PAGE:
In-between the lines(PresseBox) (Frankfurt am Main, )
- This was not the last time Karlsruhe had to rule on Euro-area legislation
- Full sterilization of OMTs has no impact if ECB provides banks unlimited liquidity
- Growing market optimism is mostly but not only policy driven
The German High Court rejected the complaints against the ESM yesterday as "fundamentally unfounded". In summary, the court stated that the degree of Germany's fiscal involvement in response to the Euro crisis is a political and not a legal decision as long as parliament is in control and contractual liability limits are binding. The court further stated that the conditionality is implicitly met and only urged the government to make it more explicit. The ESM has now the green light. How soon it will get started, however, remains unclear. Clear is that this was not the last time the German High Court had to rule on Euro-area legislation. The crisis is by far not over, more coordinated action and legislation is likely to follow and the road to Karlsruhe is easy.
ECB is ready but may not act soon
The market reaction to the Karlsruhe ruling was positive but not euphoric as a favorable outcome was widely expected. Much more euphoric was the market reaction to last week's ECB announcement. The ECB surprised markets positively in three ways:
- First, the fact that the ECB outlined the modalities of its new bond purchase program (OMT) at all.
We as well as much of the market had expected a delay until after September 12.
- Second, the statement that OMTs will be ex ante unlimited in size. Previously, ECB president Draghi talked about adequate size.
- Third, the announcement that the maturity range will be up to three years. Earlier, ECB president Draghi described the new bond purchases as a form of money market operations, which would imply a maximum maturity of one year.
A potentially negative (but not much noticed) surprise for markets was the statement that OMTs will be fully sterilized. Earlier statements by ECB president Draghi suggested that the operations would not or only partially be sterilized. Full sterilization is probably a concession to those ECB council members who worry more about inflationary implications. The question is whether unlimited bond purchases can have the desired effect if they are fully sterilized. The answer depends on the type of sterilization and the overall monetary policy stance.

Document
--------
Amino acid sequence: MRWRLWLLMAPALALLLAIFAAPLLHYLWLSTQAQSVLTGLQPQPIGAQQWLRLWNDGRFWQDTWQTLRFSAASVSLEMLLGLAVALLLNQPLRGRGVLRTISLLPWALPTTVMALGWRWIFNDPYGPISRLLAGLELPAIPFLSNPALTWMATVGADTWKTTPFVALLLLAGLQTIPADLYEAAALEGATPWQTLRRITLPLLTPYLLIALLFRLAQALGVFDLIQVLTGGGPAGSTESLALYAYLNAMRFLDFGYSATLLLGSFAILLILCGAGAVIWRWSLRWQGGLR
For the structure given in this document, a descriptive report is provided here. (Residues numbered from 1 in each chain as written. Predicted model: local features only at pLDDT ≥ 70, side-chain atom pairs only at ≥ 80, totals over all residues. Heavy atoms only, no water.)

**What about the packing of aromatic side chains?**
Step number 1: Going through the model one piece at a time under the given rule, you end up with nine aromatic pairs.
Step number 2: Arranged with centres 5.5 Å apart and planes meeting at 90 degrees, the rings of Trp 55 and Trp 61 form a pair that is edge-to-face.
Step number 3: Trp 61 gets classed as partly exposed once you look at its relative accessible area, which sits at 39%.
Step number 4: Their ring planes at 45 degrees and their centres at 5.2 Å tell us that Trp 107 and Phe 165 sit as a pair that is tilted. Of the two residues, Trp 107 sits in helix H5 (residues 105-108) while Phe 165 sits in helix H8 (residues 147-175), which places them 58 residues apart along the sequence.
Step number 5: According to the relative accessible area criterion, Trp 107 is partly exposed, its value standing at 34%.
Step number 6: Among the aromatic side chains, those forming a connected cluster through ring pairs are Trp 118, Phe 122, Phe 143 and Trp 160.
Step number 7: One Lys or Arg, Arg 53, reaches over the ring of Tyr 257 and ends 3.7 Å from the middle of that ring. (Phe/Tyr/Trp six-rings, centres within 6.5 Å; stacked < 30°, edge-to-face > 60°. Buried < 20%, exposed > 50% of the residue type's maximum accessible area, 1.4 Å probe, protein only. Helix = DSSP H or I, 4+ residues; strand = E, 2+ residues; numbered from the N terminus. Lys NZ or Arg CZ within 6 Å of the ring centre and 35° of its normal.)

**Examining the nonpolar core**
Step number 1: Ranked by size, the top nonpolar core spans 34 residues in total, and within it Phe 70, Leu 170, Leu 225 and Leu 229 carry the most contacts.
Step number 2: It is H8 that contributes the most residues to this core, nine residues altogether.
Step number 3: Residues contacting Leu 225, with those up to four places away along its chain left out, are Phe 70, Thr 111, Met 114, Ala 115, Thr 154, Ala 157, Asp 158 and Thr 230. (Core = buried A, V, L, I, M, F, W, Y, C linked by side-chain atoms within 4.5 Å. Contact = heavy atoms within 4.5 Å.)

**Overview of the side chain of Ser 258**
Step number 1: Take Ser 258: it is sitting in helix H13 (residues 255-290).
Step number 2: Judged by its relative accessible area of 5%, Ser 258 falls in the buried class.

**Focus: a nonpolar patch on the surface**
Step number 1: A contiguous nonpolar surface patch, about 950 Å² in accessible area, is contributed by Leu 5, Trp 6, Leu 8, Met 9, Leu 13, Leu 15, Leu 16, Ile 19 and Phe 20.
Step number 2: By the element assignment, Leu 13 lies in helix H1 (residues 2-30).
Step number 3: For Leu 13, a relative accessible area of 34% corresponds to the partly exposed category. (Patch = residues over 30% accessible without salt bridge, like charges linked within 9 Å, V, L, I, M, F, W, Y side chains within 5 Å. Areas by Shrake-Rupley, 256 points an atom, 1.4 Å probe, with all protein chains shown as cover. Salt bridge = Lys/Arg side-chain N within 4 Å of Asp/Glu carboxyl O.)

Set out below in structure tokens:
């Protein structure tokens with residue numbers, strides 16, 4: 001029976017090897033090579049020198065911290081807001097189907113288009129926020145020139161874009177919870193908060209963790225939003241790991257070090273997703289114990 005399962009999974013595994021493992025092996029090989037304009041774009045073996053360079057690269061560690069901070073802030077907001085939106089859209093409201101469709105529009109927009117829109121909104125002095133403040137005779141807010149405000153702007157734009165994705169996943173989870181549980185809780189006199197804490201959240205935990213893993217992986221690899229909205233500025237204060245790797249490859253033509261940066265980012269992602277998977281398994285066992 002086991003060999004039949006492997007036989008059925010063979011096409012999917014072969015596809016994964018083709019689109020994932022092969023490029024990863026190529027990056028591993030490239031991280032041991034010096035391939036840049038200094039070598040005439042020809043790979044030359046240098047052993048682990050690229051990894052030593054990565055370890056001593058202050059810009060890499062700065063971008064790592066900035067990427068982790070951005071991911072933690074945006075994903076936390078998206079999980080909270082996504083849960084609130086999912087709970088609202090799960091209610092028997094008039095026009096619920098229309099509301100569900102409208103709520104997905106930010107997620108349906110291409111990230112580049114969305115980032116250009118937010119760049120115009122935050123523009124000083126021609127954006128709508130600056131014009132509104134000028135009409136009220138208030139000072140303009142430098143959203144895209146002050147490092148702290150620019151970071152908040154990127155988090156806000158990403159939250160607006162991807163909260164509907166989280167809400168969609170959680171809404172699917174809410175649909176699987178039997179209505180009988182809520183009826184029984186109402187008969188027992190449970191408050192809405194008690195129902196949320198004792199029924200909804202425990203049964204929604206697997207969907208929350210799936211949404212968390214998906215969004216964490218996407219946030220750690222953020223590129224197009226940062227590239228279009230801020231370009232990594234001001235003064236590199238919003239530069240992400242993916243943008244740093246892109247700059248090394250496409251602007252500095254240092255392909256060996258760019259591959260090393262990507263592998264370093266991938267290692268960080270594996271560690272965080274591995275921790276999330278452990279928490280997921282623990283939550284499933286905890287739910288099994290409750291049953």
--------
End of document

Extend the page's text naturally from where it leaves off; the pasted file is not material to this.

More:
Strictly speaking, sterilization means that one operation is offset by an opposite operation on the same side of the balance sheet so that the overall size of the balance sheet remains unchanged. An example would be if the ECB reduces the lending to banks by the same amount as the bond purchases. Balance-sheet-neutral sterilization is sometimes used for FX interventions, but undermines their effectiveness. Anyway, this is not what the ECB has done to sterilize the SMP operations in the past. The ECB has chosen a softer form of sterilization. It has absorbed the extra liquidity created by the bond purchases on banks' ECB current account by auctioning one-week term deposits (see box on previous page). In that case, the balance sheet expands but banks cannot immediately spend the extra money. Success of that operation depends on the interest rate that the ECB offers to banks. Despite a few failed auctions, this sterilization has technically worked (see table on previous page) and is probably what the ECB will do with the OMTs as well.